By Eric Jansson
Published by BIRN's Balkan Insight
Is Edward Lucas paranoid?
He is a kind of whirlwind – fast-moving, fast-talking, fast-thinking – who claims to be able to write “in any conditions, at any time”. He is The Economist magazine’s correspondent in Central and Eastern Europe, and somewhere along his zigzagging circuit between post-communist capitals he has just produced a volume called The New Cold War. Bloomsbury is the publisher, and it hits store shelves next Monday.
You read the book, you set it down, and then you ask yourself: is this guy paranoid?
If he is not, and his book is accurate, then our world stands on the brink of an ideological, geopolitical schism akin to the original Cold War, different but no less worthy of the name, once again posing Russia against the US and Europe.
On the other hand, if he is, then who cares? Europe can be expected to continue bumbling along in the frustratingly semi-competent, semi-united manner to which we have become accustomed, swimming more or less freely in a murk of bureaucracy and good intentions. In this case, Lucas’ grave warnings of a menacing Russia will never materialise.
There is another way to regard Lucas, of course – a third way, a European way, Europeans being congenitally enamoured of the middle ground even when the patch in question is situated on an intellectual floodplain. This view would be that Lucas is merely over-excitable, a well-meaning chronicler of life between Berlin and Moscow but frankly over-the-top. Yes, Russia is messy, but it is merely a menace to itself and a few messy neighbours.
But the right answer is that Lucas is of sound mind – sound enough to follow a story that others have mostly ignored, despite its importance. And he thinks we’re in trouble.
As a journalist, he has reported sympathetically for 22 years so far from Central and Eastern Europe’s fragile, fractious, formerly captive nations. He is one of just a few Western journalists who have paid careful, sustained attention to these places where history was reported to have ended in the anti-authoritarian revolutions of 1989-1991, prompting Francis Fukuyama’s fatuous claim that history had ceased everywhere. In fact, history carried on, but most Western journalists’ attention faltered, and Western intellectual comprehension faltered, too.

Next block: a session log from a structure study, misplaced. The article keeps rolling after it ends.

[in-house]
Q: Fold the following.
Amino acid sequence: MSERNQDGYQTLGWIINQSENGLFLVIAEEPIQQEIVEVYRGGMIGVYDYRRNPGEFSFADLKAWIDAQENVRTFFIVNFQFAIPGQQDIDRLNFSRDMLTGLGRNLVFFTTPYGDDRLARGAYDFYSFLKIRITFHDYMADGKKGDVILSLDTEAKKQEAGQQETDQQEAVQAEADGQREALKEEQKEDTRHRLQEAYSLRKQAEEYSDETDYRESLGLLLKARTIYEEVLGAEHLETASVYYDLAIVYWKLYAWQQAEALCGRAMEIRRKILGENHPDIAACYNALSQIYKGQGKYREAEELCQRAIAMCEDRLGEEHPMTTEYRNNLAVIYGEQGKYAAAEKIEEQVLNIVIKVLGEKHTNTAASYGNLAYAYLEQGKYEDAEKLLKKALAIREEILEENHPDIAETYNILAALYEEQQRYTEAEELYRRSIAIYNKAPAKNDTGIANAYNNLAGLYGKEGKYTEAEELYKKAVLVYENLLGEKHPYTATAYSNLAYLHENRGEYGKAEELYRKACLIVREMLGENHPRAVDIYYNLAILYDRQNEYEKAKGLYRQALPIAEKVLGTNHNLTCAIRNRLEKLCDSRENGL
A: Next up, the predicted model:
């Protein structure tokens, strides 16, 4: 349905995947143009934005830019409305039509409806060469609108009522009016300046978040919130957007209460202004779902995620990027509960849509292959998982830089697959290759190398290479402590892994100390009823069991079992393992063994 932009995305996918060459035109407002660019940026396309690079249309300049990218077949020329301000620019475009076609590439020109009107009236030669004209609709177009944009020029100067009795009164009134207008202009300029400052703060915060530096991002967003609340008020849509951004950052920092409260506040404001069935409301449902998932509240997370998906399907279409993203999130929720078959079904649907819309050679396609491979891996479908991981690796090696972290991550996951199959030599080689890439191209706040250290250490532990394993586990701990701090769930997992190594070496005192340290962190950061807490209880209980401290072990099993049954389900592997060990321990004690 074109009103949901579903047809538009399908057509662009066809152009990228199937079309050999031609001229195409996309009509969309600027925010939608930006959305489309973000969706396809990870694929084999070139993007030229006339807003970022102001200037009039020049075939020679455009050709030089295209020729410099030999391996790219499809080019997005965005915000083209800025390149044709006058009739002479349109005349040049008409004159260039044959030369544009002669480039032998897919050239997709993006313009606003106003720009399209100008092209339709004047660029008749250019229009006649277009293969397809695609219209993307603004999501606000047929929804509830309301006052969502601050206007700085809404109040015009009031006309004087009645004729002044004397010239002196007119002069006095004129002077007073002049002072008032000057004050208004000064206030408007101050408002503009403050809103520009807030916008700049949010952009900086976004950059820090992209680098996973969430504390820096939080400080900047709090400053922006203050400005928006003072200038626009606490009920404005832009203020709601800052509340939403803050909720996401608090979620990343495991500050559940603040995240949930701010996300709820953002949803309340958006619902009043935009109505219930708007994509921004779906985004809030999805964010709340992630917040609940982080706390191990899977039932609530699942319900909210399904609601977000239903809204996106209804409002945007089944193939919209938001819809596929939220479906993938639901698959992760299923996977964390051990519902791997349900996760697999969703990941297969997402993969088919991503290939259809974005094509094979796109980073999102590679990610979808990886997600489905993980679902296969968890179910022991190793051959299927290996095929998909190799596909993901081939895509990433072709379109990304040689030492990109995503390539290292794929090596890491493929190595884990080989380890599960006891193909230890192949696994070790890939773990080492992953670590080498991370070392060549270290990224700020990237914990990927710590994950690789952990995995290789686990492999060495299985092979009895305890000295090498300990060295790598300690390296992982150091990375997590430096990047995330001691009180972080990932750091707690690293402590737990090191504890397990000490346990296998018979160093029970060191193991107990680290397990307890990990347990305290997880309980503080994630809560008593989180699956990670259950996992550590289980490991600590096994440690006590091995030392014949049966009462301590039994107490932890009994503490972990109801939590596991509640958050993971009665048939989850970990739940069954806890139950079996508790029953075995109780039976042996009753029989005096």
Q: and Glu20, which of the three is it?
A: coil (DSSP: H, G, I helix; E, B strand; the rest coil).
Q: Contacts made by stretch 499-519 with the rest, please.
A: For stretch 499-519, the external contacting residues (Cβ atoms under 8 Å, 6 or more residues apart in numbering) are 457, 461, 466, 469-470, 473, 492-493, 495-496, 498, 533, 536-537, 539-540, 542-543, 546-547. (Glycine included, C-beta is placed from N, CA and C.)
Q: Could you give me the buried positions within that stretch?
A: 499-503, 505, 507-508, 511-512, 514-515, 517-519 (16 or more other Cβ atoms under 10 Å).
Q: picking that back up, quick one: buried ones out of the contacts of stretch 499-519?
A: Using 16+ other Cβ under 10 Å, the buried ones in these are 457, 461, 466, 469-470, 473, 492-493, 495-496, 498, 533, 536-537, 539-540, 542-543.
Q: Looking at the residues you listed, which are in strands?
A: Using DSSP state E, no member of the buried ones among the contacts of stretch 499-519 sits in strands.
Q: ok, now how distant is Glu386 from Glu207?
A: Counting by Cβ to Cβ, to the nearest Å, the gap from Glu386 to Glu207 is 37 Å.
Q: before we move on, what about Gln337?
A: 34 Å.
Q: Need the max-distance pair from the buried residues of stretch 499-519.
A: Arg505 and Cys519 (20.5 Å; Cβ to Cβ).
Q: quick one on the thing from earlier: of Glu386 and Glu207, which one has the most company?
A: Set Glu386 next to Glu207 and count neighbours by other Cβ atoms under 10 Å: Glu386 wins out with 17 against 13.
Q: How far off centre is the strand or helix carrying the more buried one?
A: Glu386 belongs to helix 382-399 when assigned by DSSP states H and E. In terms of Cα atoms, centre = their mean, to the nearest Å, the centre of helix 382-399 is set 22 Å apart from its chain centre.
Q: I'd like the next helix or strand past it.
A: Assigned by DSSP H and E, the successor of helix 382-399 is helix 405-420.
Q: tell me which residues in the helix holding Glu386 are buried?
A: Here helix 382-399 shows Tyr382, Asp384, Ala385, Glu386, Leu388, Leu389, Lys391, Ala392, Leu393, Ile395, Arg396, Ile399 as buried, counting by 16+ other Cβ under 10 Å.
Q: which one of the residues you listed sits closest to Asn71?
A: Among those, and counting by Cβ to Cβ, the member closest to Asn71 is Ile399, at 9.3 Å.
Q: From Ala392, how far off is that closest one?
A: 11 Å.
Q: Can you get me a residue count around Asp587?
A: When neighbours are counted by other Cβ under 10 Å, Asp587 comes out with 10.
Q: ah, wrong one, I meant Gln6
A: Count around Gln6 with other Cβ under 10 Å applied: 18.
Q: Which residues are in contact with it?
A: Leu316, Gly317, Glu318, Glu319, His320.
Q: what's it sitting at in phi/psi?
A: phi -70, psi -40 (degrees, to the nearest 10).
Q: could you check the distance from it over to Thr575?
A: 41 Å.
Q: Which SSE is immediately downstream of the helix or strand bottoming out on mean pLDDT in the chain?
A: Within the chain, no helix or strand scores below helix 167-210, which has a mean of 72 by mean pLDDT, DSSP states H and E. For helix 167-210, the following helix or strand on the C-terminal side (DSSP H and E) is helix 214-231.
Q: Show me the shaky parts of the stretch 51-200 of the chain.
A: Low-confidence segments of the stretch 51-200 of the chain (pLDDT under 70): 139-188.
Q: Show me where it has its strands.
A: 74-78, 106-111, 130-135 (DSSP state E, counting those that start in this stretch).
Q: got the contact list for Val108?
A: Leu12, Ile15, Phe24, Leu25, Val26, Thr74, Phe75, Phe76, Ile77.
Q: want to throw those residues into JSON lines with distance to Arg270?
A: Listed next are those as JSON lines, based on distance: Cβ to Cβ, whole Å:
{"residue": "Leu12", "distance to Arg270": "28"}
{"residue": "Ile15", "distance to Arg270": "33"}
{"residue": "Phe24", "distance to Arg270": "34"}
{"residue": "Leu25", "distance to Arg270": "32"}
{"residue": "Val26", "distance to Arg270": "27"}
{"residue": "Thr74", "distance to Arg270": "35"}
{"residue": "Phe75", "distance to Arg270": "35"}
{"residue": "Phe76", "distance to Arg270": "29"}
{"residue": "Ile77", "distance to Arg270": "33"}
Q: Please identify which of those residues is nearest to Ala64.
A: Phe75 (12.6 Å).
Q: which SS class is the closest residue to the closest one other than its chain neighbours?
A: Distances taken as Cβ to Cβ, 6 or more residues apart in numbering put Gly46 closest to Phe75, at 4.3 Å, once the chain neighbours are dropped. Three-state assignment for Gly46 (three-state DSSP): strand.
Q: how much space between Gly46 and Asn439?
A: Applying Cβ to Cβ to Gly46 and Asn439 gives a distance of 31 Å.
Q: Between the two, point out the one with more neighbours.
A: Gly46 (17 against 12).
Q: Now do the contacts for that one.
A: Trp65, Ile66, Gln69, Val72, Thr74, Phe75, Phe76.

Throughout, Lucas seems to have maintained unreservedly that the Cold War was not a cynical contest between morally equivalent forces but a crucial test of free civilisation against malignant Marxism-Leninism and totalitarianism on the march. He is right, and he still applies this view to his reporting and interpretation of post-Soviet affairs, which makes his journalism unusually valuable. The threads his reporting follows lead us to The New Cold War.
In the book, he maintains that Russia’s experiment with political freedom is well and truly over, having finally fizzled in the chaos of the late 1990s, when Boris Yeltsin faded and the former Soviet intelligence apparatus, the chekists reconstituted as siloviki, seized control. These folks, with Putin as the reigning godfather, plan to maximise the Kremlin’s influence domestically and abroad by manipulating those who depend upon the country’s natural resources wealth.
The veracity of this claim is of immense importance to the Balkans and to every scrap of once-contested ground between former empires East and West.
The claim has been heard before but is often laid out sloppily. Lucas outlines it persuasively, fattens it with telling anecdotes and describes the likely consequences.
Crucially, he does this with sympathy for the average citizen of Russia and yet also with sympathy for citizens of smaller nations that most analysts and reporters have taken too little time to understand. Estonia and Georgia, two key examples, may be small on the map but as places in which the meaning and purpose of state sovereignty are being challenged directly by Russia, they deserve serious attention.
Lucas argues that the Kremlin’s intentions have become unambiguous under Vladimir Putin, the Russian president, and he clearly believes they will not change under his likely successor, Dmitri Medvedev. The Kremlin he describes views the West with spite and disdain and aims to compete against it directly, wrestling away as much ground as possible, politically and economically. The primary weapon, he says, will be Russia’s energy wealth in Europe’s under-supplied energy markets. But there are plenty of other weapons in its growing arsenal, as well.
Think of a boa constrictor wrapping itself around your neck, telling you, “I love you, and I’m only hugging you. I love you, and I’m only hugging you. I love you…” Until…
A copy of The New Cold War should be slipped under the pillow of Vojislav Kostunica, the Serbian prime minister.